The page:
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Doing a Student Brain Dump Scoot

by Lori Gracey
brain dump

Starting a new unit or lesson can sometimes be difficult, both for the teacher and the students. How can the educator get them excited/interested in the topic? How can she find out what the students already know or, more importantly, what they “know” incorrectly that must be corrected for real learning to take place? What do the students need to begin connecting the new learning to old? One good technique that can help with all of these issues is the brain dump scoot.

What Is a Scoot?

A brain dump scoot happens at the very beginning of a new lesson/unit and can be done with any subject area at any grade level. It asks students to write/draw everything they know about the topic (the brain dump) and then rotate to learn from each other (the scoot).

The Steps in a Brain Dump Scoot

The materials needed are simple: one sheet of paper per student and a pen or pencil.

  • Have students put their names on their papers. Then tell them that they will have two minutes to write down and/or draw everything they know about the topic (for this blog, let’s use fractions as an example). Remind them that this is a no-talking activity.
  • At the end of the two minutes, the teacher shouts “Switch!” The students leave their papers at their desks and then rotate, with their writing utensil, to another desk or table. (It’s best if the teacher sets up the rotation before asking them to move. Provide a diagram on the board of how they will move.) Students now need to read everything that has been written on the paper previously and then add their own ideas. (Keep reminding them to read before they write.)
  • Rotate as many times as you like. Each rotation after the first can be between one and two minutes, depending on the age of your students and/or the complexity of the topic.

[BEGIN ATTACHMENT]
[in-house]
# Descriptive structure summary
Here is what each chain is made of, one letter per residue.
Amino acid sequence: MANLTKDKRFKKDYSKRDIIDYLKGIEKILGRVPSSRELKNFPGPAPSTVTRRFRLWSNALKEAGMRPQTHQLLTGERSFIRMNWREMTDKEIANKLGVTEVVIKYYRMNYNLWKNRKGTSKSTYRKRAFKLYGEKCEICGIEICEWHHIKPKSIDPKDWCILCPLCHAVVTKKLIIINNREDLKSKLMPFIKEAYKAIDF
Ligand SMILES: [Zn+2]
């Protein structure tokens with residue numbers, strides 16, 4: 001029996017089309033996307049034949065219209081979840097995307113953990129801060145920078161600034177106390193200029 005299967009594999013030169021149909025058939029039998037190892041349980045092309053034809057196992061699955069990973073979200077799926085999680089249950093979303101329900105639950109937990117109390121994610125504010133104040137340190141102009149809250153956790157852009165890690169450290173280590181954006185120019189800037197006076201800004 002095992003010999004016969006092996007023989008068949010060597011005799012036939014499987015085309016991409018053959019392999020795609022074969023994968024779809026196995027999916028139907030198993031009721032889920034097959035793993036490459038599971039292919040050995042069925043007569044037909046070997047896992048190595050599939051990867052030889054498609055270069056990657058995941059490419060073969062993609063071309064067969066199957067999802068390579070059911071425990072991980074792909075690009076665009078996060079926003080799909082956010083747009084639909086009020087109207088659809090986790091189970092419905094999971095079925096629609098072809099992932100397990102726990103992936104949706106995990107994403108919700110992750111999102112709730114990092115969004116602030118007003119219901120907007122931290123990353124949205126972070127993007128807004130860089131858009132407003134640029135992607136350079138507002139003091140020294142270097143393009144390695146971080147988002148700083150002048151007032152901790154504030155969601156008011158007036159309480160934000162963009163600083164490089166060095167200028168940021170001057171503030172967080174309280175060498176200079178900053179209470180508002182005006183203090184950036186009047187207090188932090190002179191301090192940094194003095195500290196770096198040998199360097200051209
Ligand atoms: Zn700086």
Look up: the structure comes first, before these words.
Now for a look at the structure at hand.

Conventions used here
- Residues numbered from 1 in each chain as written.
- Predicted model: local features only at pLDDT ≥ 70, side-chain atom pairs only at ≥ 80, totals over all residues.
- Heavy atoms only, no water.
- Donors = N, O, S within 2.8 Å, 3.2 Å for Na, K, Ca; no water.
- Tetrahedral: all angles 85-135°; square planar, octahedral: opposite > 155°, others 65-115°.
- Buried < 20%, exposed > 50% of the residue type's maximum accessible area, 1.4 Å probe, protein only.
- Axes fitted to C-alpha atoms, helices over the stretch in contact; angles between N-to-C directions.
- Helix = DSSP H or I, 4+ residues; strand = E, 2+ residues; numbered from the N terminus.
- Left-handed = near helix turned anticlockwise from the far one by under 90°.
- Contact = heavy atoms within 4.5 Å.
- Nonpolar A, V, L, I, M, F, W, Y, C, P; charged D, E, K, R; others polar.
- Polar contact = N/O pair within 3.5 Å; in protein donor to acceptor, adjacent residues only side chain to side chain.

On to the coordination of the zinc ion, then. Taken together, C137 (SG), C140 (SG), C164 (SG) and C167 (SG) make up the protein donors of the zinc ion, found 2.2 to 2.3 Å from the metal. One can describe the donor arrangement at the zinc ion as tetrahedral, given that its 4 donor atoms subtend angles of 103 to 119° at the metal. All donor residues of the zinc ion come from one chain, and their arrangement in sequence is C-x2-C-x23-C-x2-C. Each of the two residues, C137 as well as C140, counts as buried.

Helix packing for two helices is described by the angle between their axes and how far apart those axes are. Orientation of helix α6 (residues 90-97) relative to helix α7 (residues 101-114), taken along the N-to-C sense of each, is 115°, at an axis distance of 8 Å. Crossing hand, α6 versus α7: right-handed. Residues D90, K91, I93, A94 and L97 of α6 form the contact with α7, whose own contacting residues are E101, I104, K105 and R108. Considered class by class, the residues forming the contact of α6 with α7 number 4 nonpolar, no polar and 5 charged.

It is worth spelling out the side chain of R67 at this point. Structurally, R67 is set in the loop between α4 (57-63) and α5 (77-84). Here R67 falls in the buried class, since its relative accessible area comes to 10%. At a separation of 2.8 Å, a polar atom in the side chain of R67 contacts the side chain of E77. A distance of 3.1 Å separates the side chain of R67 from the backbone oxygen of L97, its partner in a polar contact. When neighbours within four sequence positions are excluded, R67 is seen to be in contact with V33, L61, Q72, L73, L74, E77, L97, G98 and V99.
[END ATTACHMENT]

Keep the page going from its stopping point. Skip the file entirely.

• The teacher circulates around the room encouraging students to label drawings that others have made and to correct any mistakes that may be present. She can also mention out loud (as if to herself, but really to the whole class) statements that will prompt more thought by the students such as “Hmm, no one has mentioned the least common denominator” or “I wonder if there’s a way to tell if a fraction is proper or improper.”
  • Students return to their own papers after rotating is finished and take a few minutes to read over what has been added to their papers.

The Results

There are many educational benefits to using the brain dump scoot.

  • Kids get to move around the room, which is great for them.
  • Everyone will be engaged.
  • The activity taps into prior knowledge, which gets those neurons firing.
  • Everyone gets to contribute to the common body of knowledge.
  • The teacher can take the papers up at the end to see if there are any misconceptions that need to be cleared up before moving on and to gauge what the class already knows about the topic.

By the way, this same strategy can be used with adults before a professional learning event.

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